Technology Collaboration Programme

Business Models and Systems

Energy Service supporting business models and systems


This Task focused on identifying measures and instruments that support the creation and uptake of user-centered energy services and new energy business models.  The work program has now ended and all outputs can be found on the Fit to Serve website:


Politicians, policy makers and scientists all over the globe emphasise the urge to speed up the process of creating new measures to reduce CO2 emissions, as well as stimulate the production and use of renewable energy. This sense of urgency for energy transition is also felt by many entrepreneurs who expect it to lead to new – big – business opportunities. Although some become successful, many businesses never outgrow their experimental stage and are still awaiting their big breakthrough.

One of the explanations for this shortcoming is the technocratic and product-oriented approach of the energy market and its players. Earlier research shows that many energy business models are not designed to meet the expectations of the contemporary energy user. Most of the business models in the energy market are traditionally product-oriented, focusing on the moment of purchase, instead of providing long-term value during use. This causes a ‘mismatch’ between the business models of energy solutions and the demands of the energy market, and consequently leads to a low market uptake of new energy solutions.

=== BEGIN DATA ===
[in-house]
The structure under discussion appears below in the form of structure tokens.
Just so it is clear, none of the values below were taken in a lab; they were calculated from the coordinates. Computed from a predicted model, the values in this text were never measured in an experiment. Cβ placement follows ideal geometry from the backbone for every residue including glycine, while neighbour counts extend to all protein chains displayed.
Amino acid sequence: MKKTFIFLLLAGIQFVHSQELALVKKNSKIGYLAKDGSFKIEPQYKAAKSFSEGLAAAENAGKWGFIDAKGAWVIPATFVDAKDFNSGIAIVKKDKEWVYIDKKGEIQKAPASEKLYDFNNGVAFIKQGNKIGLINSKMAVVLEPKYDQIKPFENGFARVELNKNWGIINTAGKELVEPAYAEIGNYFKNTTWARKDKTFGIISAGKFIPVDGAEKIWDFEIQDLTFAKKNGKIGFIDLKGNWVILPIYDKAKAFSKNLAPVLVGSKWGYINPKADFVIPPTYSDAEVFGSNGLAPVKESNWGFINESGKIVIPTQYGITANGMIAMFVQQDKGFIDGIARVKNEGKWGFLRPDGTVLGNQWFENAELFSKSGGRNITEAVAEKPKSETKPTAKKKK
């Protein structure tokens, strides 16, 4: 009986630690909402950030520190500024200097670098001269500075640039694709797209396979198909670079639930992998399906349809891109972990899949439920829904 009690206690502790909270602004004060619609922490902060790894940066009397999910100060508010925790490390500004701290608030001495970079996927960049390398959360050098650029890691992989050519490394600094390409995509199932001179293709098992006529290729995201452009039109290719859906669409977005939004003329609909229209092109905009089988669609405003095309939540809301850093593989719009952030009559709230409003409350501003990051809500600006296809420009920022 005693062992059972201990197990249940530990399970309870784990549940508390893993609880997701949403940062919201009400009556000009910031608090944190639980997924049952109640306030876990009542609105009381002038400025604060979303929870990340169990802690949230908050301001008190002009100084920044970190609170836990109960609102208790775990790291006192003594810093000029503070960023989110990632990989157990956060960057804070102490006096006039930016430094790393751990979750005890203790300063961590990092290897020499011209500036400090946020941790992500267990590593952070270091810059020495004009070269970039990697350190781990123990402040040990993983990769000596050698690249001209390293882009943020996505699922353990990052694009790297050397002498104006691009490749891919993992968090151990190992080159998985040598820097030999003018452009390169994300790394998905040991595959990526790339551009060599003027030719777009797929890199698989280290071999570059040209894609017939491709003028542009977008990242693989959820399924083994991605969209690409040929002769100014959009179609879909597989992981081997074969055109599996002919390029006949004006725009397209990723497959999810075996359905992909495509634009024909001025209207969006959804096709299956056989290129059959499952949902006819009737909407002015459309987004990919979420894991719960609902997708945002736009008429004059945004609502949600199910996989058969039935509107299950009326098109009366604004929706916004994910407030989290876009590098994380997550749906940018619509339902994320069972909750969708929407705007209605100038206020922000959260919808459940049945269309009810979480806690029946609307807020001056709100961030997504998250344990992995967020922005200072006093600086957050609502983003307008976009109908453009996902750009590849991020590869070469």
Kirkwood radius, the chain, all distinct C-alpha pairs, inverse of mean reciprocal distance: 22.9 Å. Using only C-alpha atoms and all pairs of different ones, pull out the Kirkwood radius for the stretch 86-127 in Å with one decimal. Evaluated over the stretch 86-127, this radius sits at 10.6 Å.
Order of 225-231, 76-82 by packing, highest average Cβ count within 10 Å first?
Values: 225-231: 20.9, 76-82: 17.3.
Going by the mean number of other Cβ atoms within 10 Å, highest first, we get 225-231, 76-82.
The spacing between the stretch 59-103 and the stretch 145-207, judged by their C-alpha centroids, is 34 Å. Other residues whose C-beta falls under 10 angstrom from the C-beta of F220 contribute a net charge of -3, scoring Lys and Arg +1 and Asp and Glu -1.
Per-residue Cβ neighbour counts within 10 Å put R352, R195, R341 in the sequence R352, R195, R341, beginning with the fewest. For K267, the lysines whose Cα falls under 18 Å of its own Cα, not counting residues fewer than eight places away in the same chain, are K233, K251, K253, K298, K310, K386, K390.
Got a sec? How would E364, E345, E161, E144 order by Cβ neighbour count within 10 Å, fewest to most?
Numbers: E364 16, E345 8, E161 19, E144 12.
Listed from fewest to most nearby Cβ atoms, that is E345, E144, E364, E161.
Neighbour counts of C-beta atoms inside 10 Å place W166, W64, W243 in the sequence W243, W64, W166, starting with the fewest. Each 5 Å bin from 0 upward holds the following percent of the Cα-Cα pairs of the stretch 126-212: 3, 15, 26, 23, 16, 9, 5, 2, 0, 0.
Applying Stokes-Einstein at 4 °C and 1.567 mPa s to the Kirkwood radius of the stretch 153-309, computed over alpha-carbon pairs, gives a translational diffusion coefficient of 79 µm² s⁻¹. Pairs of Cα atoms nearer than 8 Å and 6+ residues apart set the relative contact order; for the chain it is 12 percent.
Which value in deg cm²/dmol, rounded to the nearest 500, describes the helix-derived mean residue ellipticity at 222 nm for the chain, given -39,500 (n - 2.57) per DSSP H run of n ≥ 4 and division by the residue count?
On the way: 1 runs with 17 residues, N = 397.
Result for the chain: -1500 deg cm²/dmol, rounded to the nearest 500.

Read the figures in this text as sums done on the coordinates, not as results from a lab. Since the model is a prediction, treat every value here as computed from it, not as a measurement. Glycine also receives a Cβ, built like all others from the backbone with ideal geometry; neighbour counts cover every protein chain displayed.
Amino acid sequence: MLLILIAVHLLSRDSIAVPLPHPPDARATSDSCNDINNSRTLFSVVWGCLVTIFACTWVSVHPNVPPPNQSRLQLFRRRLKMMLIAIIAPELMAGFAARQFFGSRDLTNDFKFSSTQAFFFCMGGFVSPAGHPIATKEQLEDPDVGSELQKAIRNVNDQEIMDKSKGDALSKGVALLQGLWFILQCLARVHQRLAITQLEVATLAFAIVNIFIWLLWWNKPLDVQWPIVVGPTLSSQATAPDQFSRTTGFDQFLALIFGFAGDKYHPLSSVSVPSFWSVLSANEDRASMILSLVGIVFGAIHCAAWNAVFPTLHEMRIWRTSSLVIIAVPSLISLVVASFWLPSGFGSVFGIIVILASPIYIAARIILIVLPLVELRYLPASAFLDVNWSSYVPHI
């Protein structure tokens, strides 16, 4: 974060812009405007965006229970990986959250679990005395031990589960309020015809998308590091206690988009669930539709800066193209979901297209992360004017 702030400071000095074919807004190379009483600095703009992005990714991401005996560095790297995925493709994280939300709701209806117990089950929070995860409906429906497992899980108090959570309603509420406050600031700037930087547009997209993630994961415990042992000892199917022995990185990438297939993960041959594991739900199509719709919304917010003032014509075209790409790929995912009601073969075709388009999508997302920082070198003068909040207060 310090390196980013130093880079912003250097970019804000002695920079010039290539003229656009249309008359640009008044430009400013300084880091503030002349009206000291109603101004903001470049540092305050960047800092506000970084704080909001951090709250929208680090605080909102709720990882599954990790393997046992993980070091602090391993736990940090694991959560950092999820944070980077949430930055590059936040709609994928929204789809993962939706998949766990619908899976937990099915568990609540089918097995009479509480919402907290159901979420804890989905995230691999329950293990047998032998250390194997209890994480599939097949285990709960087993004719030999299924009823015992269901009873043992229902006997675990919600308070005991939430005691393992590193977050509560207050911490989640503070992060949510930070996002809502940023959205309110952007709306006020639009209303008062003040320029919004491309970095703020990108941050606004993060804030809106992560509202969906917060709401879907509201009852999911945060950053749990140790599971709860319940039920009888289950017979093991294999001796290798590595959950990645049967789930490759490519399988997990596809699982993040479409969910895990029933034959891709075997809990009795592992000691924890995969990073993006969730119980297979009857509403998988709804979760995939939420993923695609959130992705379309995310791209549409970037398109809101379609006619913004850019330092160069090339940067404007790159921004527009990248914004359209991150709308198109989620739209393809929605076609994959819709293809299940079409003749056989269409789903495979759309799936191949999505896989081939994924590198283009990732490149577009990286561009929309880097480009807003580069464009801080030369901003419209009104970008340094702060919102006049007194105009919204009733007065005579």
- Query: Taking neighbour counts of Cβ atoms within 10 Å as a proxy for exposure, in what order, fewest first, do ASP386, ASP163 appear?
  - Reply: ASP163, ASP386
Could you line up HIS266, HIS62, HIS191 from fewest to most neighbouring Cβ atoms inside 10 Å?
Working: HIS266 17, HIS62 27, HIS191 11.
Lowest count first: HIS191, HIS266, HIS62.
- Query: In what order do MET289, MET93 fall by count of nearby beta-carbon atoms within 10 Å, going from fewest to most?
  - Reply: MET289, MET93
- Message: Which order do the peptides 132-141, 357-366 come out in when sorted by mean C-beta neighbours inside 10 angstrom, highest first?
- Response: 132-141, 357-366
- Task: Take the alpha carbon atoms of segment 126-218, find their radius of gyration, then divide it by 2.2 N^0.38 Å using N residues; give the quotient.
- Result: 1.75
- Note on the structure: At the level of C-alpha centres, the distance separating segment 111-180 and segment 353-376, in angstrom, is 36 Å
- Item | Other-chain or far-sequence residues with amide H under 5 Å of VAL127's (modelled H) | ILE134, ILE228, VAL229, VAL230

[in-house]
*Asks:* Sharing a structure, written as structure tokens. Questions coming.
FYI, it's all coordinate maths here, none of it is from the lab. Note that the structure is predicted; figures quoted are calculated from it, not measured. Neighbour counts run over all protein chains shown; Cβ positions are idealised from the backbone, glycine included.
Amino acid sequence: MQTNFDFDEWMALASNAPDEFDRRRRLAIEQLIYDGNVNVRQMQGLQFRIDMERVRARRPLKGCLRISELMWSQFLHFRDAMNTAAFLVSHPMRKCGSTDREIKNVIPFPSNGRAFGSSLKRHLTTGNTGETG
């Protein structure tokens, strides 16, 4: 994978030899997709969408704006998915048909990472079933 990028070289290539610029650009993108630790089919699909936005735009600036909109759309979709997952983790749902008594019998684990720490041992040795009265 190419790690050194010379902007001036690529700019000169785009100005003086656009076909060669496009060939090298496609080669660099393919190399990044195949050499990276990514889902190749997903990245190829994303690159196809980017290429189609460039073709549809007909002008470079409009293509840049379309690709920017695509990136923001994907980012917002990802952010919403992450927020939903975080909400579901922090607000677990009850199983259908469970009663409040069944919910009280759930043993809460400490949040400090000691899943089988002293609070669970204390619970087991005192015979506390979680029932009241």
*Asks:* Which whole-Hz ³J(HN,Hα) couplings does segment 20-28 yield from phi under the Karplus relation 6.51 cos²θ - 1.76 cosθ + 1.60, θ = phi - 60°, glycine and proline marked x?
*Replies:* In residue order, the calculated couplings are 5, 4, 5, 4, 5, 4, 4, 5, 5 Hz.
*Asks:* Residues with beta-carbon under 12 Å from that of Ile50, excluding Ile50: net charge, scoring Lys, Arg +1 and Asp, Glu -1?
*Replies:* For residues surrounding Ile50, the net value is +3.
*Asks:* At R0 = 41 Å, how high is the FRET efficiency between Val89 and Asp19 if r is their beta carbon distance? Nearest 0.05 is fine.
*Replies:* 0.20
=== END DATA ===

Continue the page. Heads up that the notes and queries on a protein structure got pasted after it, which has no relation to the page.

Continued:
Nowadays, however, most consumer products and solutions are a combination of a product and a service, or even a full service-based proposition. Think of famous examples like Spotify and AirBnB: services providing value to the user during the use phase, enabled by smart and innovative technologies. The energy transition is, in fact, a transition from energy products towards user-centered energy services.

The fields of energy efficiency, demand flexibility and renewable energy would benefit greatly from servitisation as a means to better face the demands of the energy market and tackle the low market uptake of new energy solutions.


As most of the companies in the field of energy originate from technological backgrounds, their businesses are built to exploit innovative technologies. Entrepreneurs will not only need to adjust their business model. Training or developing complementary servicing skills or capabilities is a key success factor. Previous research found the following capabilities to be crucial when running a service-oriented business:

Sensing: the ability to continuously retrieve relevant insights from the end user and other stakeholders.

Conceptualising: the ability to translate relevant user insights into valuable propositions or adjustments in propositions.

Orchestration: the ability to provide a ‘seamless’ and valuable service: from the orientation phase, to purchase, use and renewal. This often also requires other forms of collaborating with partners.

Stretching / scaling: the ability to tap new niches and to be able to anticipate developments.